Stannis Baratheon might still be in the running for the Game of Thrones, but his Worst Dad of All Time award is in the bag after the penultimate episode of Season 5.
In keeping with the show's tradition of breaking out the big guns in each year's ninth episode, "The Dance of Dragons" was a major, major turning point for our characters — and an untimely, shocking end for one. Who did the titular dance with the titular dragon, and whose Game of Thrones future went up in smoke? Read on for Us Weekly's recap.
The Wildling Alliance Returns to the Wall
After last week's carnage at Hardhome, which saw roughly three-quarters of Jon Snow's (Kit Harington) hopeful Wildling allies turned into members of the White Walkers' undead army instead, Jon and the remaining one-quarter of surviving Wildlings returned to Castle Black. Although Allister Thorne reluctantly let them in, none of the Night's Watchmen were happy to see a hundred free folk trudging through the gate, which means dividing their already-meager supplies even further… and that's even before the giant showed up. How were they ever going to feed that guy? An entire cow is, like, half a meal for him.
A Shaky Peace at the Dornish Court
A sit-down between Jaime Lannister (Nicolaj Coster-Waldau) and Doran Martell (Alexander Siddig) did a lot to clear the air after last week's "garden invasion" incident — despite Ellaria Sand's (Indira Varma) seething and shade-throwing throughout the meeting. A fresh cooperation was established between the houses, and happily for lovestruck Myrcella, her engagement to Tristan Martell still stands. Ellaria, shamed and foiled in her attempt to exact revenge on the Lannisters, had no choice but to swear allegiance to her prince and make nice with Jaime, which she did. Still, something tells us that she hasn't given up hopes of avenging her beloved Oberyn so easily.
Arya Has Murder on Her Mind
Arya (Maisie Williams) was hocking cockles at the port, as instructed. But rather than watching her bookie target, she was distracted by the arrival of Ser Meryn Trant, who had come along with Lord Tyrell for a meeting with the Braavosi bank. Lest you've forgotten, Trant is one of the names on Arya's must-kill bucket list, and the temptation proved too much. She followed him all day and into the night, into a brothel where he was blowing off some steam by calling all the whores "too old." And no, she didn't kill him — yet — but when she went back to the house of Black and White, the lie she told Jaqen H'ghar about how she spent her day made it clear that girl is very much back in the business of being Arya Stark.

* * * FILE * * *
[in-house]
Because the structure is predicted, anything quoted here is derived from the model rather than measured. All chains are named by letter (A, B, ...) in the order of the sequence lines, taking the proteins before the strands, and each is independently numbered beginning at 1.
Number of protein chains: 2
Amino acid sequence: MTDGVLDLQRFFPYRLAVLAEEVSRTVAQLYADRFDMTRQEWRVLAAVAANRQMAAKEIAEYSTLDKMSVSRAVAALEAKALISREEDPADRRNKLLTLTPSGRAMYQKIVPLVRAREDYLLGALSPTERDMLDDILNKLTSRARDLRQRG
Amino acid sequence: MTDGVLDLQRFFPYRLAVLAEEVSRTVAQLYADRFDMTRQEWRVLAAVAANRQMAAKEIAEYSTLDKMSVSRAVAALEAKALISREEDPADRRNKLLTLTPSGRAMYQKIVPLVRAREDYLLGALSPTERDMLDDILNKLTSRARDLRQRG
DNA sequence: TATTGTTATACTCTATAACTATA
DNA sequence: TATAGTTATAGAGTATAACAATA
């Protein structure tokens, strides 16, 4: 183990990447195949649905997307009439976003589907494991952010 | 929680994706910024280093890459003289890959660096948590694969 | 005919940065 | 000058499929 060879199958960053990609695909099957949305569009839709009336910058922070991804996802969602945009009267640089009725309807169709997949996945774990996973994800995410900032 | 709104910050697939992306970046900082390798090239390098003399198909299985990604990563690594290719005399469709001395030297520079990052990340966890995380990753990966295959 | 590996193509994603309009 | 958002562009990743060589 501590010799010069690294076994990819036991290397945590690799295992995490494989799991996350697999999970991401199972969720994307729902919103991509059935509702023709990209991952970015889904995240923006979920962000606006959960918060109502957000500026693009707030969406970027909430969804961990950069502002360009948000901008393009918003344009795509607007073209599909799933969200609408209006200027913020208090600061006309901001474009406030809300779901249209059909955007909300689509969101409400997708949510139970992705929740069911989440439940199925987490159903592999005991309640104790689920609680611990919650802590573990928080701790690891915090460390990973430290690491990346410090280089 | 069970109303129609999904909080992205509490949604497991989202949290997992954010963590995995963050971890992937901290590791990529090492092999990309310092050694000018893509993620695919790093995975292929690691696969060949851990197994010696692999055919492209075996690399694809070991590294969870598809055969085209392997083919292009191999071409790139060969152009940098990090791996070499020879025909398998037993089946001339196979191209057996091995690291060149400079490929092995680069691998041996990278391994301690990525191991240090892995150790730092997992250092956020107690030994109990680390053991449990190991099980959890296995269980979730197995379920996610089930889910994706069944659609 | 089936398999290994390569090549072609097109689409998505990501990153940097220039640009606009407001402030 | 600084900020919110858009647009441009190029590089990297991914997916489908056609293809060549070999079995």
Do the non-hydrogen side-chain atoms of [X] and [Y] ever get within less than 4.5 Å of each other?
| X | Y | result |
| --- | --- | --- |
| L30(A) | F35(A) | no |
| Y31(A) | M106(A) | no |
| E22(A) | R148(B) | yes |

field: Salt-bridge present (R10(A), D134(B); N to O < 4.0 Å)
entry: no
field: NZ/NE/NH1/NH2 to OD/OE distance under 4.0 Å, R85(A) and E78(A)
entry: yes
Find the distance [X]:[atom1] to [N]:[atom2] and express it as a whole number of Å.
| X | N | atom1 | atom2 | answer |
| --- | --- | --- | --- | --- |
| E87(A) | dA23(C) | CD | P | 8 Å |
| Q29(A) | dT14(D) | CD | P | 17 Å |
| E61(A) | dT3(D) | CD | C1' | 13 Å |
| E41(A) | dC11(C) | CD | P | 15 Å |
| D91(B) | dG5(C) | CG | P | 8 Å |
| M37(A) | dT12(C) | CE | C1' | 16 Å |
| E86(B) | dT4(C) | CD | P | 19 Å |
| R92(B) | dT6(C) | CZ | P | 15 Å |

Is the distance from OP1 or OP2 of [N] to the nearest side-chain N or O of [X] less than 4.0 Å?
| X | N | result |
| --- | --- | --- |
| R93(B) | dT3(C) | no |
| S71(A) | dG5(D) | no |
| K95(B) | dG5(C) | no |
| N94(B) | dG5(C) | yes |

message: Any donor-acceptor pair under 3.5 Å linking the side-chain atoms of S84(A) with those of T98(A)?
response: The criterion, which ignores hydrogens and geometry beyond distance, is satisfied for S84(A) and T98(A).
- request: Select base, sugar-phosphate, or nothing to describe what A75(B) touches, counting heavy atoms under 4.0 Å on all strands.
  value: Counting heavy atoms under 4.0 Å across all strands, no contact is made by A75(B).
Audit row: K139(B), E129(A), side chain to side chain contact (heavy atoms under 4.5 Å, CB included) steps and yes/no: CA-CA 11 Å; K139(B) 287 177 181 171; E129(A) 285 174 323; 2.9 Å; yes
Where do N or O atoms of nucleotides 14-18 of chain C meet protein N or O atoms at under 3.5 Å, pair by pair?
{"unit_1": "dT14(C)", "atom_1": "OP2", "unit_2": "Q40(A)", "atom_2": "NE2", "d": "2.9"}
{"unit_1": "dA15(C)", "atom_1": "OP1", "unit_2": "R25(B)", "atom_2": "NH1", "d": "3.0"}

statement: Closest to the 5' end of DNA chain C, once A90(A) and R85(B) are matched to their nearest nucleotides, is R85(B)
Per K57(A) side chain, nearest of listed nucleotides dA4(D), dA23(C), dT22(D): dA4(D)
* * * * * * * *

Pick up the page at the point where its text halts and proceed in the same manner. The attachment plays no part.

The Cost of King's Blood
In Stannis Baratheon's (Stephen Dillane) camp, the night was dark and full of terrors — specifically, terrible fires set by Ramsay Bolton's men that had wiped out the crusaders' food supplies, weapons, and horses. With no hope of pressing forward and not enough food for a return trip, Stannis sent Davos Seaworth back to Castle Black for supplies… but only because he knew that Davos was the one person in camp who wouldn't allow him to do what he intended to do next. And with Davos dispatched, Stannis resolved to take creepy Melisandre's (Carice van Houten) advice and sacrifice his own child, Shireen (Kerry Ingram) to the Lord of Light. On another show, Shireen might have been spared from a fiery death by the last-minute arrival of a heroic savior. On this one, the poor girl could do nothing, except scream, and scream, and scream.
Enter the Dragon
True to her word, Daenerys (Emilia Clarke) had reopened Meereen's fighting pits (basically the Game of Thrones version of the Colosseum.) She was hating every minute of it, though. For one thing, she loathed the violence. For another, her fiancé, Hizdahr zo Loraq (Joel Fry) wouldn't stop insisting that it's totally normal and awesome to spend your afternoon watching people chopping each other's heads off for funsies. And worst of all, her old friend Jorah Mormont (Iain Glen) appeared in the arena, ready to fight and die right in front of her.
Dany looked stricken as Jorah took one hit, then another.
"You can end this," Tyrion urged.
"She cannot," Hizdahr retorted.
Fortunately, she didn't have to: Jorah claimed bloody victory over his last remaining opponent — and then whirled, sending a spear flying right past Daenerys's head! Behind her, a masked Son of the Harpy fell, dead.
But he wasn't the only one: The arena was full of men in gold masks who drew blades and begin killing everyone in sight. Unsullied soldiers were slaughtered. Hizdahr went down with a knife in his heart. Missandei came thisclose to dying, only to be saved by Tyrion at the last moment. But they were hopelessly outnumbered, and trapped, and it looked like it was all over as the Harpies closed in on Dany and her friends. Seriously, the only way they could possibly get out of this would have been if, say, some giant, fire-breathing beast with Targaryen loyalties were to suddenly appear from the sky and incinerate all the Harpies and OH HEY, LOOK AT THAT.
Drogon, Dany's biggest and most unpredictable dragon, was back, and more protective of his mother than ever. And when Daenerys saw the Harpies flinging spears at her baby, she didn't stick around to see how it was going to end. She climbed aboard, and away they soared: exit the dragon. Surely all the friends she left behind on the ground surrounded by armed assassins are fine!
Tell Us: Did "The Dance of Dragons" live up to your expectations?
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